GS owned 4,300,000 shares of FSLR as recently as August, 2007. The Walmart heirs were original funders of FSLR (and the largest holders). One of the things brought up on the blogs is a passage from a Fortune article we linked to in July:
...No one has been as quick to move into the Mojave -- or as tightlipped about it -- as Solar Investments.
That entity, it turns out, is Goldman Sachs' solar subsidiary. The investment bank's designs on the desert are a topic of intense interest and speculation. Goldman declined to comment. But here's what we know:
Solar Investments filed its first land claim in December 2006 and within a month had applied for more than 125,000 acres for power plants that would produce ten gigawatts of electricity. Many of the sites lie close to the transmission lines that connect the desert to coastal cities. (Goldman has also staked claims on 40,000 acres of the Nevada desert.)
Nobody expects Goldman to begin operating solar plants. It will probably either partner with another developer or sell its limited-liability company (and its leases) outright. The firm has been making the rounds of solar developers....
"I view Goldman as a very interesting indicator of things to come," says Brian McDonald, PG&E's director of renewable-resource development.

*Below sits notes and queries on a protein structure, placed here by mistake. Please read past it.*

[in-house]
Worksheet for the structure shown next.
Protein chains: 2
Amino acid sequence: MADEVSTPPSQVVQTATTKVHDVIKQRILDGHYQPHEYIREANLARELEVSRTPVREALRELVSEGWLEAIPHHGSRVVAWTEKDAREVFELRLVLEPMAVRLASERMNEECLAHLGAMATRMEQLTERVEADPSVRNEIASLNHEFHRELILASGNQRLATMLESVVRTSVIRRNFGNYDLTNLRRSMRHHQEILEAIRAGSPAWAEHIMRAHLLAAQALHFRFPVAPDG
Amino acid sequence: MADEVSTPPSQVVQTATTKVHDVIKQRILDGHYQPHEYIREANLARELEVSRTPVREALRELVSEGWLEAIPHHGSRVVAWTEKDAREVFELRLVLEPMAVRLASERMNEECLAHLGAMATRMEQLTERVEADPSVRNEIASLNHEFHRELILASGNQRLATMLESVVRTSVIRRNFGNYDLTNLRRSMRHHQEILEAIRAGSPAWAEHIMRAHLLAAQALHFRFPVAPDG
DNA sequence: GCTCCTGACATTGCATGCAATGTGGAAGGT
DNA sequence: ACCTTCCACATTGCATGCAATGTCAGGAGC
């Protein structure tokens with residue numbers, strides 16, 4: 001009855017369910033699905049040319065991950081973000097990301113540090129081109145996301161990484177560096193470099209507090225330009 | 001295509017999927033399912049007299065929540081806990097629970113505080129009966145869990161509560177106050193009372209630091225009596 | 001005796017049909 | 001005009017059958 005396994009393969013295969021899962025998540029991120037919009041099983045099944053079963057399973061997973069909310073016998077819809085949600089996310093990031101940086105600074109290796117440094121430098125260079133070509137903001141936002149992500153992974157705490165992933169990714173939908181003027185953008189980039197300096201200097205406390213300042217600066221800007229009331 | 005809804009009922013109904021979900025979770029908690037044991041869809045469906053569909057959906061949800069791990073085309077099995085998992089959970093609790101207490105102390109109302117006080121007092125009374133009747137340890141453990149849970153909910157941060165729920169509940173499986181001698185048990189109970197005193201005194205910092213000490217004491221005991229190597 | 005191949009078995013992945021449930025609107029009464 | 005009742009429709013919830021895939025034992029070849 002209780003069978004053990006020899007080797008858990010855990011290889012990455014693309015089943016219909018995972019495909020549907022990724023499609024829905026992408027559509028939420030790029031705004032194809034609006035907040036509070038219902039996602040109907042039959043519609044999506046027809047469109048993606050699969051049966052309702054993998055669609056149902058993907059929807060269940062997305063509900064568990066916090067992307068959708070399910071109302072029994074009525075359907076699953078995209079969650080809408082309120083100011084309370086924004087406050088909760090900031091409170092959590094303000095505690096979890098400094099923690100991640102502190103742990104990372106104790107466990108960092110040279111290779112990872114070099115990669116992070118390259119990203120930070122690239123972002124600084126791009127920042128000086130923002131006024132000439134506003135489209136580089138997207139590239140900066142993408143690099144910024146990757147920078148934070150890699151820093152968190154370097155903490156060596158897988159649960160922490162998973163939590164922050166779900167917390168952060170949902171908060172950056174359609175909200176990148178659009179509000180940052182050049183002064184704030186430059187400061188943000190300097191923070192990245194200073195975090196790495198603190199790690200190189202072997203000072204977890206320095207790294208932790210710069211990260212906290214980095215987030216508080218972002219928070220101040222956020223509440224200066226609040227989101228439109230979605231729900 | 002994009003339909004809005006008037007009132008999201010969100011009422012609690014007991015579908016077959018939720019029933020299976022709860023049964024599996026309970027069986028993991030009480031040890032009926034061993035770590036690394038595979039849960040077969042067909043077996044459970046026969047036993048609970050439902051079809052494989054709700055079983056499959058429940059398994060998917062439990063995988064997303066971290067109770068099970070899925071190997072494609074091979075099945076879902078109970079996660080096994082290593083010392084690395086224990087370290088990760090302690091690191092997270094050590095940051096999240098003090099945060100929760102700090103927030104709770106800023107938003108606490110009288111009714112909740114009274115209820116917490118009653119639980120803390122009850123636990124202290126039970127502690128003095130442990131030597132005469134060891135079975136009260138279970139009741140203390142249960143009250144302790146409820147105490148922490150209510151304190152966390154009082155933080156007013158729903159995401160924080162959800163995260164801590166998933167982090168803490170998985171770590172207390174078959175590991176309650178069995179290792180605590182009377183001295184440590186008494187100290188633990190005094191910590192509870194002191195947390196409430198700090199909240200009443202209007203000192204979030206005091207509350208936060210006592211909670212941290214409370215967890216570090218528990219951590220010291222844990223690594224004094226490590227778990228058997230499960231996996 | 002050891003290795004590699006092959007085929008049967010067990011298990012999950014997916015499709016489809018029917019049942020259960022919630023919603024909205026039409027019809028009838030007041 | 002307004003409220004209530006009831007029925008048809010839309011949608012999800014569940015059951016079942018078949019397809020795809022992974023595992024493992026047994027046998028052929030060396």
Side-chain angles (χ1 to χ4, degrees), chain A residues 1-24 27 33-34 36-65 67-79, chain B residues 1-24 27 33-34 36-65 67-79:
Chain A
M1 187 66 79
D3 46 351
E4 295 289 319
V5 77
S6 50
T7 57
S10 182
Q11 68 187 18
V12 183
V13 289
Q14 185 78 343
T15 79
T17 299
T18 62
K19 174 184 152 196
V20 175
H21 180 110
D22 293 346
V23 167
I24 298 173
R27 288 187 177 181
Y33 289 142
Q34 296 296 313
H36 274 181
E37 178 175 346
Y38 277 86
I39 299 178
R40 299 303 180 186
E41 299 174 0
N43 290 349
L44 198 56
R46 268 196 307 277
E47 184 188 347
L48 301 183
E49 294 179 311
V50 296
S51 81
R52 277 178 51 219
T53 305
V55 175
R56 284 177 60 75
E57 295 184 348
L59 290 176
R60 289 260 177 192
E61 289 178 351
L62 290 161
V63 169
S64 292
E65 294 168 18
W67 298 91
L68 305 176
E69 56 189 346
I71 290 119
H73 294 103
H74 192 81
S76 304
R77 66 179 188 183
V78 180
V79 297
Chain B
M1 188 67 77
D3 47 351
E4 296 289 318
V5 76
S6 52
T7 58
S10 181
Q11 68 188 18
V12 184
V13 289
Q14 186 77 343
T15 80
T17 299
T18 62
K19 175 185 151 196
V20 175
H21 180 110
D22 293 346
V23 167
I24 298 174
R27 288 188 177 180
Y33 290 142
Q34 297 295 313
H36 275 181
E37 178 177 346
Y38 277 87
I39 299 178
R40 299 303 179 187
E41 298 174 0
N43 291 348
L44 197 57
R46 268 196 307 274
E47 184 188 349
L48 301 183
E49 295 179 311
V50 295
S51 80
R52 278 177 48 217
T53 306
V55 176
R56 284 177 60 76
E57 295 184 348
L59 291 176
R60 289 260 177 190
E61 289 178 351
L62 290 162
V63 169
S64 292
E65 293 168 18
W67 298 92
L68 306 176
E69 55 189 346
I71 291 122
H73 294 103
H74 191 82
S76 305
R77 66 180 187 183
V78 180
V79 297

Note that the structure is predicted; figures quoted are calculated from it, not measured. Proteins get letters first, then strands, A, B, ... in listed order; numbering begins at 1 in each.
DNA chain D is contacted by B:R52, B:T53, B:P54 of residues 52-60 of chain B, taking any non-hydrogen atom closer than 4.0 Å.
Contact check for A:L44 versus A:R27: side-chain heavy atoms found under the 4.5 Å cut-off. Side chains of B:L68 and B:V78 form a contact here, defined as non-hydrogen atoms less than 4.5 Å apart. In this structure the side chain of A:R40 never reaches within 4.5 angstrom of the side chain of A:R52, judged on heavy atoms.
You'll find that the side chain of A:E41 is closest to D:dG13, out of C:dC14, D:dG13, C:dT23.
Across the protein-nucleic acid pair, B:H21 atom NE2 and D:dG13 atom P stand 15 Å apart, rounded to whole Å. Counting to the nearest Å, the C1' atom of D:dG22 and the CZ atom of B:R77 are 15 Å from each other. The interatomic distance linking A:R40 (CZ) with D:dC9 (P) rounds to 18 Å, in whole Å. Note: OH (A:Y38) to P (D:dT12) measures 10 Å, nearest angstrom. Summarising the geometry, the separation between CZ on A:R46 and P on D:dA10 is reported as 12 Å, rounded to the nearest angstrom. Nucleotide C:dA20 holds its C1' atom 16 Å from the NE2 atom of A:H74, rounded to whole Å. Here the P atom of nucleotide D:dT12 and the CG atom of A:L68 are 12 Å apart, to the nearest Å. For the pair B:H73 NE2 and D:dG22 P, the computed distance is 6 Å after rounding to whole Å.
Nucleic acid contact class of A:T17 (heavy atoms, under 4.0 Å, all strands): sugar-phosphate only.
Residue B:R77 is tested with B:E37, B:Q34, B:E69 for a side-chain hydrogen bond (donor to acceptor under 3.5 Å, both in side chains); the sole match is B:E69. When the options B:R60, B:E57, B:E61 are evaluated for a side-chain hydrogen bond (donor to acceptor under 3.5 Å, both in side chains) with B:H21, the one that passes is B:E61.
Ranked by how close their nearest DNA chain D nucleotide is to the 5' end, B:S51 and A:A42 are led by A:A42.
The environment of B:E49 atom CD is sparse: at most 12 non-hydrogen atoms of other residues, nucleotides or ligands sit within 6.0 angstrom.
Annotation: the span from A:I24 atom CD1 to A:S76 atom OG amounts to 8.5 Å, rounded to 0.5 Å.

Among the investors in Solyndra is Madrone Capital Partners, which manages money for the Waltons. Gregory Penner was recently elected to Walmart's board. Here's a snip from the company's press release:
Penner, 38, has been a General Partner at Madrone Capital Partners since 2005. He served as Wal-Mart’s senior vice president and chief financial officer in Japan from 2002 to 2005. Prior to working for Wal-Mart, Penner was a general partner at Peninsula Capital, an early-stage venture capital fund, and a financial analyst for Goldman, Sachs & Co. He is a member of the board of directors of Baidu.com, 99Bill Corporation, Cuill, Inc. and Global Hyatt Corporation. Penner is married to Carrie Walton Penner, daughter of Wal-Mart Chairman Rob Walton.Goldman Sachs was recently raising money for Solyndra. From Greenlight, August 12:
...Under the deal, Goldman Sachs, the lead bank on the deal, is trying to sell $120 million of convertible securities to existing investors and $230 million to newcomers. The convertible securities could be converted to Solyndra shares in the event of an IPO....MORESolyndra's CIGS approach has some advantages over FSLR's CdTe. On the other hand it could just be the Walton's and Goldman doing the cheap stock thing all over again.
It will be interesting to see how much FSLR stock the two entities have sold. I'll be coming back to this. For sure.